After months of excitement, hype and some rather choice words in the direction of a YouTuber’s mum, dad, girlfriend and testicles, KSI and Logan Paul took to the ring on Saturday night (August 25) in the match dubbed ‘the biggest event in the history of the internet’.
With 21,000 people packing out the Manchester Arena and more than a quarter of a million tuning in to watch the fight on a YouTube pay-per-view, the pair could be looking at a staggering payout. Almost Mayweather-McGregor big. Seriously.
The two YouTube heavyweights established before the fight, KSI would take the profits from sales in the UK and Paul the profits from their second match due to take place in early 2019.
Metro reports around 773,000 watched the fight on YouTube at £7.50, which puts a potential £5,797,500 in KSI’s pocket. And with the average ticket at the arena going for £100, it adds another £2.1 million, with the Brit’s possible weekend total reaching, potentially, £8 million.
The purse was agreed to be split 50/50 pre-fight and while official details are yet to be revealed, claims suggest it could’ve been more than 150 million in British pounds.
My back of a rolling paper maths, puts KSI’s total at about £83 million, plus the £75 million from Paul’s cut of the purse and you’re looking at … hang on … £158 million.
Last August, before the Mayweather v McGregor fight, the Nevada State Athletic Commission confirmed the minimum fighters would earn, would be $100 million for Mayweather and $30 million for McGregor. However Forbes recently reported Money’s cut of the fight was $275 million or just shy of £203 million.
The white collar match ended in a majority draw after one judge had KSI ahead by a point but the other two scoring it even.
The BBC reports, after the fight, both fighters thought they had won, with KSI saying:
I think there’s only one thing to do. I think we have to have a rematch. Let’s do it. That was fun.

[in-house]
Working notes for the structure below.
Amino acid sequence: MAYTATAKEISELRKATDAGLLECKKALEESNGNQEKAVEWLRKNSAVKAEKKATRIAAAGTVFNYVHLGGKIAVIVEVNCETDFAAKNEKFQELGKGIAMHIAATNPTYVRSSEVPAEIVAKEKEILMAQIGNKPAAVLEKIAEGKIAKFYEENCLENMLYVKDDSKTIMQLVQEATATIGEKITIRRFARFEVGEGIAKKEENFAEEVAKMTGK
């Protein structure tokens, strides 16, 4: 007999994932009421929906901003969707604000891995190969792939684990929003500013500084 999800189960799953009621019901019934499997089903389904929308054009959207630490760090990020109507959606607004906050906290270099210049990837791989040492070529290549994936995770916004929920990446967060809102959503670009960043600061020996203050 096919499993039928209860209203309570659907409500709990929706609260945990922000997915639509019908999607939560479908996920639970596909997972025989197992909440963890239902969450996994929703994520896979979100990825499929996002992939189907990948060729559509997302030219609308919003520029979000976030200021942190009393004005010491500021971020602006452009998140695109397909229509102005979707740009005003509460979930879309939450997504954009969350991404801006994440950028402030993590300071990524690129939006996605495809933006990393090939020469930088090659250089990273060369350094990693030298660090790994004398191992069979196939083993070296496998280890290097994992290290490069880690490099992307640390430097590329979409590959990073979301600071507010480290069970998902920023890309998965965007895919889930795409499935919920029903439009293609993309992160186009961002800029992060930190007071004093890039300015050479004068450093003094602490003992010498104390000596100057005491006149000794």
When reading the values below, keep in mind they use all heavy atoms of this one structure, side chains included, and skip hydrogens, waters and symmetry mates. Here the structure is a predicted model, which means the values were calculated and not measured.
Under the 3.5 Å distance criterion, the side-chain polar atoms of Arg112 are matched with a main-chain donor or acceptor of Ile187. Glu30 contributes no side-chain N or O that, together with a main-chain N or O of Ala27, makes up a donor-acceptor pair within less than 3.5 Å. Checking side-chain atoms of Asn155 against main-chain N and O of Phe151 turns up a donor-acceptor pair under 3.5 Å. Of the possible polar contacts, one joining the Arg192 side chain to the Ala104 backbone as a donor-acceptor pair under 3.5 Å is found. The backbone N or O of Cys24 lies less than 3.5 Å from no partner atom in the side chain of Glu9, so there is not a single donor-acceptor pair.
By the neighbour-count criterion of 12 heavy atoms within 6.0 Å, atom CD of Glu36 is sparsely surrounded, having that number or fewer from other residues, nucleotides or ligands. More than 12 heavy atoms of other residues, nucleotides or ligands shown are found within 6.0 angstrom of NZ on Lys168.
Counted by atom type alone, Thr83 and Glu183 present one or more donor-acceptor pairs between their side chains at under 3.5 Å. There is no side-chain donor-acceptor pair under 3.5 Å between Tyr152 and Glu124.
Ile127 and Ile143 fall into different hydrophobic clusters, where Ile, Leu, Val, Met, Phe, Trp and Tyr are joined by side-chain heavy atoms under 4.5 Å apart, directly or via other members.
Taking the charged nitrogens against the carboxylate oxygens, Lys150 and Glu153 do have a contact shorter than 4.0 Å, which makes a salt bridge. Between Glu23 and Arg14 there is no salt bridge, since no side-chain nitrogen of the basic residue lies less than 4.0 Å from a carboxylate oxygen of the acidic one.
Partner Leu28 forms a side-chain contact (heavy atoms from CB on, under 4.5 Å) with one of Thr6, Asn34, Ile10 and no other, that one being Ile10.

I think it’s what the people want. Let’s give them a rematch.
There was always going to be a rematch, obvs, but you can’t knock two guys who’ve just made almost £160 million for building a bit of hype. You’d shudder to see my bank balance.
Added to the excitement ringside and online, The Verge reports more people watched the bout on Twitch via pirated streams than those who did on the official YouTube stream.
They found a stream on Periscope with 70,000 viewers and suggest, at the fight’s height, over a million people were using the site. The largest stream had over 400,000 people on it, but other unofficial streams brought the overall number much higher.
A Twitch representative told The Verge:
It is against the rules for streamers to upload content that does not belong to them, and that anyone who does so is potentially liable to DMCA takedowns.
We have been responsive to related reports.
In the build up to the fight Logan Paul, whose reputation online came into question earlier this year after recording a vlog making light of a suicide victim, made a statement in June.
‘A lot of people think this fight is a joke who are not in the YouTube community,’ he said. ‘All jokes aside, this will be the biggest event in the history of the internet.’
Like him or loathe him, the man’s good at hype.
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Tim Horner is a sub-editor at UNILAD. He graduated with a BA Journalism from University College Falmouth before most his colleagues were born. A previous editor of adult mags, he now enjoys bringing the tone down in the viral news sector.